Working Towards Equity: Disability Rights Activism and Employment in Late Twentieth-Century Canada
October 8, 2019
Review By Mario Levesque
Working Towards Equity examines the intersection of the contested nature of disability movements and activism and decision maker actions related to labour market activity in late 20thcentury Canada.
Galer’s argument is that advances in labour market activity for disabled people was not the result of a series of progressive developments but rather due to a series of repeated waves of public and political awareness. In this process, an uncalibrated cacophony of disability voices interacted to construct and reconstruct efforts aimed at needed changes.
Three voices loom large in this ensemble: families and family advocates, the rehabilitation-industrial complex and disability activists. The central role of families and family advocates in the deinstitutionalization movement and the development of the voluntary sector is explored, illustrating the emerging (and new) discourse surrounding disability and work (ch. 2). This is largely at odds with the almost complete control the rehabilitation-industrial complex, deeply rooted in the medical model of disability, had over the sector and which was more concerned with maintaining its authority (ch. 3). As Galer details, disability activists challenged these approaches arguing for disability organizations to be led by disabled people and for independent living (ch. 4).
The interactions of these three often conflicting voices are traced through the role and evolution of sheltered workshops (ch. 5), the role played by employers in the economic integration of disabled people (ch. 6), and in the evolution and impact of disability rights on the structure and policies of the Canadian state, including the influence of political ideologies (ch. 7). Readers will find it both informative and shocking to learn about the efforts taken to build cooperative and collaborative working relationships among various state and non-state actors in the 1960s, 1970s and early-1980s only to have them disintegrate at the hands of the adoption of the neoliberal state by various governments, especially the Ontario Mike Harris Progressive Conservatives in the 1990s. The tenuous relationship between disability activism and the labour movement, highlighting how disability activism posed challenges for unions, bookends this volume (ch. 8).
The strength of Working Towards Equity is the rich narrative the author weaves. Detail surrounding the intricacies and complex relationships among the various disability voices is provided, ensuring that this volume will be well cited for years to come. Even better is the fact that the volume is grounded in the employment experiences of thirty disabled people over a period of forty years. It is the first chapter that draws the reader in to learn how these individuals characterized employment as a central element of their identities. To Galer’s credit, these experiences are further integrated into the various chapters to tease out meaning (with more information on these individuals provided in an appendix). Readers will also enjoy how Galer integrates various films and television shows into the narrative, such as The Disability Myth, Hurry Tomorrow, The Littlest Hobo, and the Best Years of Our Lives.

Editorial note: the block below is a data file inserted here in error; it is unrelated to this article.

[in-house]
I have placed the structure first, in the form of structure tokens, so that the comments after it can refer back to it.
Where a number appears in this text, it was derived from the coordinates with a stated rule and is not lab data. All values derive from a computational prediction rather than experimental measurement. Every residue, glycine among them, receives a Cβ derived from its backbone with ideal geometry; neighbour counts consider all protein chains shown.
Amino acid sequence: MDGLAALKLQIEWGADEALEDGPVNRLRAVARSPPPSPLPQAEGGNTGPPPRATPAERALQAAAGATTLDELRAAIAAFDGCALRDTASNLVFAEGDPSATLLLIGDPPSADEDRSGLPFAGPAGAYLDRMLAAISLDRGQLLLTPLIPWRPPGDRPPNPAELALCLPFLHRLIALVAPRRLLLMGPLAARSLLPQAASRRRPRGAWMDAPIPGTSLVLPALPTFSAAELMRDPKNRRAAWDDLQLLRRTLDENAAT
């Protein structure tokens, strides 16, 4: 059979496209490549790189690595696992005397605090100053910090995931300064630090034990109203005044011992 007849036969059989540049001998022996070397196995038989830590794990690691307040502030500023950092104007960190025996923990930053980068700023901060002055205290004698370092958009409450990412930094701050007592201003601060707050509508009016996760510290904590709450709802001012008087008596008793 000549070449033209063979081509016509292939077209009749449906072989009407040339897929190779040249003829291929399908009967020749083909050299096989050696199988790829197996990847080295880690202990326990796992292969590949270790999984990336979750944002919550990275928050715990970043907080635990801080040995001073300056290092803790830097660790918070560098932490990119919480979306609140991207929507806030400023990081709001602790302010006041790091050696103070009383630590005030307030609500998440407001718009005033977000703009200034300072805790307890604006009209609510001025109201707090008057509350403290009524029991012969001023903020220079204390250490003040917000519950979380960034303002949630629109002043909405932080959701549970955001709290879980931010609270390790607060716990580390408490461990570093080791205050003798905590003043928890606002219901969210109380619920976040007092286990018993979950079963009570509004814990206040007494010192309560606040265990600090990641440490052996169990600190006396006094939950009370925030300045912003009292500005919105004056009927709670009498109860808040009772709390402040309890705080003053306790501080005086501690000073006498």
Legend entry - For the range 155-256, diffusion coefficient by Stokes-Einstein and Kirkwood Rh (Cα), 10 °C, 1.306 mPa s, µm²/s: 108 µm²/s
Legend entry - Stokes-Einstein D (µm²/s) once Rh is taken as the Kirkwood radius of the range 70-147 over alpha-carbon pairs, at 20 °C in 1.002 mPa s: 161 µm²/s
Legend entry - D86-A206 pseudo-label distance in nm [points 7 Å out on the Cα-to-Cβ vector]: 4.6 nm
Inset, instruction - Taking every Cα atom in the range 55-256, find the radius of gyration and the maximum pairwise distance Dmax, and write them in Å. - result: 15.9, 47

While there is much to like about Working Towards Equity, this reviewer is not convinced that the fragmented and contested nature of disability voices necessarily held progress back. Rather, disability crosscuts other movements (e.g., women’s movement, environmental) and, as such, time was required to build a base from which to act. Moving forward, the diversity of the disability movement and activism may be its greatest strength. This is an important consideration as British Columbia moves closer to the enactment of provincial accessibility legislation. For example, to what extent has this intersectionality influenced the province’s disability movement throughout this process?
Questions also surround Galer’s lament that the newer disabled generation has not picked up on disability activism as older disabled generations have phased out. Until newer disabled generations situate and find fault with their starting points, define their identities and whether or not they wish to engage in activism, they may remain content with progress made to date. Fault is also hard to find with families and family advocates who did not fully engage for a newer model of disability given their central role in the deinstitutionalization movement. No doubt many were simply tired and decided to leave that fight for others rather than continue to push for more changes. Still, newer generations may simply engage differently. Certainly, the election of Stephanie Cadieux, Sam Sullivan and Michelle Stilwell to provincial office (BC) suggest as much. So does the election of BC’s Carla Qualtrough, who has become a powerful minister in Justin Trudeau’s cabinet.
Working Towards Equity is an excellent volume and a welcome addition to the disability literature. It is a must read for its fresh perspective, especially for those interested in the disability movement and activism side of the employment equation.
Working Towards Equity: Disability Rights Activism and Employment in Late Twentieth-Century Canada. Toronto: University of Toronto Press, 2018. 328 pp. $32.95, paperback.